Monday, 13 June 2016

Education Scotland: the puzzle about the attainment gap

Now I have my own ideas about what would narrow the educational attainment gap between those at the top and the bottom of society, and like many other people, standardised testing is not one of them. So, given the recent pronouncements of John Swinney,  I went in pursuit of teachers` opinions which seemed a bit mixed and all over the place.

Then I came across a most extraordinary post from the Learning Zoo: This is a blog by Anne Glennie who says of herself on Twitter, with 2,130 followers, that she is a Primary Teacher, Literacy Consultant & Trainer, who resides in the Isle of Lewis. Her tweets have obtained 2,988 likes. 

What she noted was that the Education Scotland website had presented two contradictory versions of why disadvantaged children have difficulty with reading. One presented the answer to that as a failure of children to learn the letter-sound relationships. (Phonetics) and this was the original version: 
Children need to develop a number of inter-connected skills to learn to read successfully. An important first step is for children to develop decoding skills, through the teaching of phonics (how letters are linked to sounds) and phonological awareness. A balanced reading programme should also develop children`s fluency, vocabulary and comprehension skills.
Evidence from Scotland shows that children from disadvantaged background are more likely to have difficulties with their reading. One of the key factors which drives this appears to be the quality of  of the home learning environment, which can influence children`s phonological awareness, vocabulary development and oral language.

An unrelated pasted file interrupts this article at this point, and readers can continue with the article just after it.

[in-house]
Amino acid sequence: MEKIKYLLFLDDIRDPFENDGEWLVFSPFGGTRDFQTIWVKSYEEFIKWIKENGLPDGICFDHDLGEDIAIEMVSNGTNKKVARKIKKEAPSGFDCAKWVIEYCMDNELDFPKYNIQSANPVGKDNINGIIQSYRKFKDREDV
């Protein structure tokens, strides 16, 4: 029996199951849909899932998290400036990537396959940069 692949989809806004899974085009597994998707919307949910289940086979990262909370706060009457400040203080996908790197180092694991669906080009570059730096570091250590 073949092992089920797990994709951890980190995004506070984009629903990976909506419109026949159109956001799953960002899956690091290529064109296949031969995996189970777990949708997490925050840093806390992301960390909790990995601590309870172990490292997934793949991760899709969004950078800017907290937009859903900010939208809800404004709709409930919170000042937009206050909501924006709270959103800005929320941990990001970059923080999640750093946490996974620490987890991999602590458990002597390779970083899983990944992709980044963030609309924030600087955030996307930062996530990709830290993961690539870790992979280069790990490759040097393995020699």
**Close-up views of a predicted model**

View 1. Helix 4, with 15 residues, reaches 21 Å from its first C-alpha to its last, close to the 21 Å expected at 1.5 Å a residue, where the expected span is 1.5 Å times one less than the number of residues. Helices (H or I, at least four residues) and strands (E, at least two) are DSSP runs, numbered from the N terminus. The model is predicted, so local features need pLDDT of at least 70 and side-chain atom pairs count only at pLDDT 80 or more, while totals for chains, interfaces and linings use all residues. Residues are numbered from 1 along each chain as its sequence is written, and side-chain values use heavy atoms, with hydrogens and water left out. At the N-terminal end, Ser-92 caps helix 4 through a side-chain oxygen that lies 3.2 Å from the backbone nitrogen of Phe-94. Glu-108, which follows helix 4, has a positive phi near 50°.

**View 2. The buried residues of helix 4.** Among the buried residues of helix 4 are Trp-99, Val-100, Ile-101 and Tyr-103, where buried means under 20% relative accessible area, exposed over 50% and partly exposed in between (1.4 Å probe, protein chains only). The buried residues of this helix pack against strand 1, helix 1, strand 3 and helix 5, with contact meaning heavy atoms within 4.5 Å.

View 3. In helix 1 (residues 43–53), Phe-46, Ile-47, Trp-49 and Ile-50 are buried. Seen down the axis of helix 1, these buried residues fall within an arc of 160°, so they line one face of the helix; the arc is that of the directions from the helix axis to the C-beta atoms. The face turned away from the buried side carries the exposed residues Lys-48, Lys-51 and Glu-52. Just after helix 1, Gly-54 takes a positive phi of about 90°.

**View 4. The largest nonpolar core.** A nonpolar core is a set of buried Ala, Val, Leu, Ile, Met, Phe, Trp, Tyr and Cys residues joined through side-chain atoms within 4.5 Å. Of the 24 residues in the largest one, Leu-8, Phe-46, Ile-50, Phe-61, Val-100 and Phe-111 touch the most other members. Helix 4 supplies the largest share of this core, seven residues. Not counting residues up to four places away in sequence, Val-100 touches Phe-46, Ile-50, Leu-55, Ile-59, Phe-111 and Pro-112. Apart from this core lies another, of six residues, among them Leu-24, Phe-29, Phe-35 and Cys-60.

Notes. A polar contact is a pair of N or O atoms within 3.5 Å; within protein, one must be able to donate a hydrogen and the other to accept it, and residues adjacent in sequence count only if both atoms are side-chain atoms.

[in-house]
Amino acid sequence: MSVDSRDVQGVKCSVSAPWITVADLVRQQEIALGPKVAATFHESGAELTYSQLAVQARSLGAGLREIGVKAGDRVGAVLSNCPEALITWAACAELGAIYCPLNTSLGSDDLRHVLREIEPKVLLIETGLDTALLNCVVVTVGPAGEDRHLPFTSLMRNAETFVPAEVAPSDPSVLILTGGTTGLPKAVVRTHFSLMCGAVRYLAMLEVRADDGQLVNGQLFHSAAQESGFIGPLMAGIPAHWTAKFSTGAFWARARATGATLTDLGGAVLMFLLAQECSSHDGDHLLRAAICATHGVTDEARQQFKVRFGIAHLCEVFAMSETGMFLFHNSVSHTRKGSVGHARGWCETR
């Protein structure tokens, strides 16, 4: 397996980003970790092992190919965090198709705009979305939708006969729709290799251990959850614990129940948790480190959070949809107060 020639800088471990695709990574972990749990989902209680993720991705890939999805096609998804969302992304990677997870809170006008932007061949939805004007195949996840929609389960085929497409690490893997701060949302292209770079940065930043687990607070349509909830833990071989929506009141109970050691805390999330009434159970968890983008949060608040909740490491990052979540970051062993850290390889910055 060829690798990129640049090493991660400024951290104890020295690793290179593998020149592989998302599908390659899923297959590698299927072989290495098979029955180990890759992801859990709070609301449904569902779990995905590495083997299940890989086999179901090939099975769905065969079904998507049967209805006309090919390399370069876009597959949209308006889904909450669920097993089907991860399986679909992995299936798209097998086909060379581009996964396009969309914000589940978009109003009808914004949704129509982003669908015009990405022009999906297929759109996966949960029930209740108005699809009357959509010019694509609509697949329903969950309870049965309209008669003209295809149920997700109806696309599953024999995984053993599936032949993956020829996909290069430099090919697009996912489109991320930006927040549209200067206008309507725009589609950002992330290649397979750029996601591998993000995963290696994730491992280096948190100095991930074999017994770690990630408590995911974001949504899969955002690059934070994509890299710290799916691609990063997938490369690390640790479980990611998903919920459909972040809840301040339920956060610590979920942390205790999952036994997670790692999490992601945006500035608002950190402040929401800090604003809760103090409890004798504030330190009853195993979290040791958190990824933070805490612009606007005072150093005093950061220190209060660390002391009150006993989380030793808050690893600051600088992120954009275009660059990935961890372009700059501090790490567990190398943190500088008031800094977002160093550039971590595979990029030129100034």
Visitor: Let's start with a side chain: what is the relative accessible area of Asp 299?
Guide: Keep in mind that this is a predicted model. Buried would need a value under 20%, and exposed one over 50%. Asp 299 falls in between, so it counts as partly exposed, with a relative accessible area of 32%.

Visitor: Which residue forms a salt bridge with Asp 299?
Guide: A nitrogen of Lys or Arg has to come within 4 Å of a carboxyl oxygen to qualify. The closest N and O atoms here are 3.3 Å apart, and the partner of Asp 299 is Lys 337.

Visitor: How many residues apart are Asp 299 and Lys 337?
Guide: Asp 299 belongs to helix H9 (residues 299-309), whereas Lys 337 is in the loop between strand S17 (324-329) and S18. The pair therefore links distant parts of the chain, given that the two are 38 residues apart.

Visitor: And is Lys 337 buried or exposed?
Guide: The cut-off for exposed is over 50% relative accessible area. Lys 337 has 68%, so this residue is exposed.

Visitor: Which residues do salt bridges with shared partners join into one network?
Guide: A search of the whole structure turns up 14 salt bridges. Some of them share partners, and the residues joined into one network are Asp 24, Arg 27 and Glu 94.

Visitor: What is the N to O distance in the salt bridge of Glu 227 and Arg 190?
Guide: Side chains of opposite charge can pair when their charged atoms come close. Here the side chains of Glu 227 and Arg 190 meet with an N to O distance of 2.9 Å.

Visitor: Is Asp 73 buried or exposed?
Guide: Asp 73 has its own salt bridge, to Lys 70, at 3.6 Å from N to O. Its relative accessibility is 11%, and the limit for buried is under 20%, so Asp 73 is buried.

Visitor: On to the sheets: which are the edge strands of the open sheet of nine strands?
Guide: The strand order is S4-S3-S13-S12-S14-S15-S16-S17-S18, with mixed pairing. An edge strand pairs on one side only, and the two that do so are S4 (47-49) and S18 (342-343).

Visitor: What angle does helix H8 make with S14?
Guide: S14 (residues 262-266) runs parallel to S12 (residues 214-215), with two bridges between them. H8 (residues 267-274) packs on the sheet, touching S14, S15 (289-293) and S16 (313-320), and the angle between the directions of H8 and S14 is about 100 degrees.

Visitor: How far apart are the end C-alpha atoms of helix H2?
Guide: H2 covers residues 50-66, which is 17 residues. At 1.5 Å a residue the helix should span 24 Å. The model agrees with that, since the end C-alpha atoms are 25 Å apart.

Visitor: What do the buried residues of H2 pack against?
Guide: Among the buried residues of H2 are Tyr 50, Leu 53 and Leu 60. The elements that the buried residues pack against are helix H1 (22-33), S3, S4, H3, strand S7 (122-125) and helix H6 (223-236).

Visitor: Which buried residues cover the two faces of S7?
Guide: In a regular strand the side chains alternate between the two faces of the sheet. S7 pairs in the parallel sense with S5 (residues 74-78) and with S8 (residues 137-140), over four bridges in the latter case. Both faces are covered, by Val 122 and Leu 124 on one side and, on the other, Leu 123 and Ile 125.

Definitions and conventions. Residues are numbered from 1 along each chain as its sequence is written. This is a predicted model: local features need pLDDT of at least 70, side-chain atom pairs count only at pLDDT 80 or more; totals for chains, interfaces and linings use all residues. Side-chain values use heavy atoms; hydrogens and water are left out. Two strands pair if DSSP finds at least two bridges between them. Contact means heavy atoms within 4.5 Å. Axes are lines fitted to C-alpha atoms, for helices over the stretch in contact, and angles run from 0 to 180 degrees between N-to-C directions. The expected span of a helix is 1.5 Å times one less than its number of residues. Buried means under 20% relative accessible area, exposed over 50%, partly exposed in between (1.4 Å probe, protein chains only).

As a result, phonics-based approaches are more likely to help children from disadvantaged backgrounds master the basics of reading.
Anne Glennie celebrated the fact that Education Scotland had finally `got it` as I would have too.

However, that was short lived when she realised that Education Scotland had surreptitiously changed the text a few weeks later:

Learning to read is complex. Children must develop a range of inter-connected skills and knowledge. Some skills and knowledge develop as a result of direct instruction and practice. Others develop more slowly, through children having many repeated experiences with books.
Evidence shows that children from disadvantaged backrounds in Scotland are less likely to attain well in their reading. Key factors which drive this appear to be the quantity of reading experiences that young children have at home and the quality of those experiences. Children from disadvantaged backgrounds tend to have less access to high-quality picture books, their home reading experiences tend to be less frequent and their conversations with adults about books tend to be shorter, less playful and narrower in scope. Home learning environments influence children`s views of what reading is for, their knowledge of books and stories, their phonological awareness, letter knowledge, vocabulary and oral language development.

The puzzle was that both posts were dated February 2016 and no acknowledgement of any edit was given.

She asked many questions about that and then this one.

"Did Education Scotland knowingly deceive practitioners by quietly removing the old document and publishing a look-a-likey replacement, hoping that no-one would notice the complete u-turn in advice?"

Well, yes I would say so.

How else are the authorities going to promote early interventions and interfering in the lives of women (families) from the first trimester  (12 weeks of pregnancy) and the Named Person, (chief gardener) fantasy?

Reading must not be about a tried and trusted teaching method for which the evidence is overwhelming, if the GIRFEC named person theory is to survive. It`s got to be about families and the early years.

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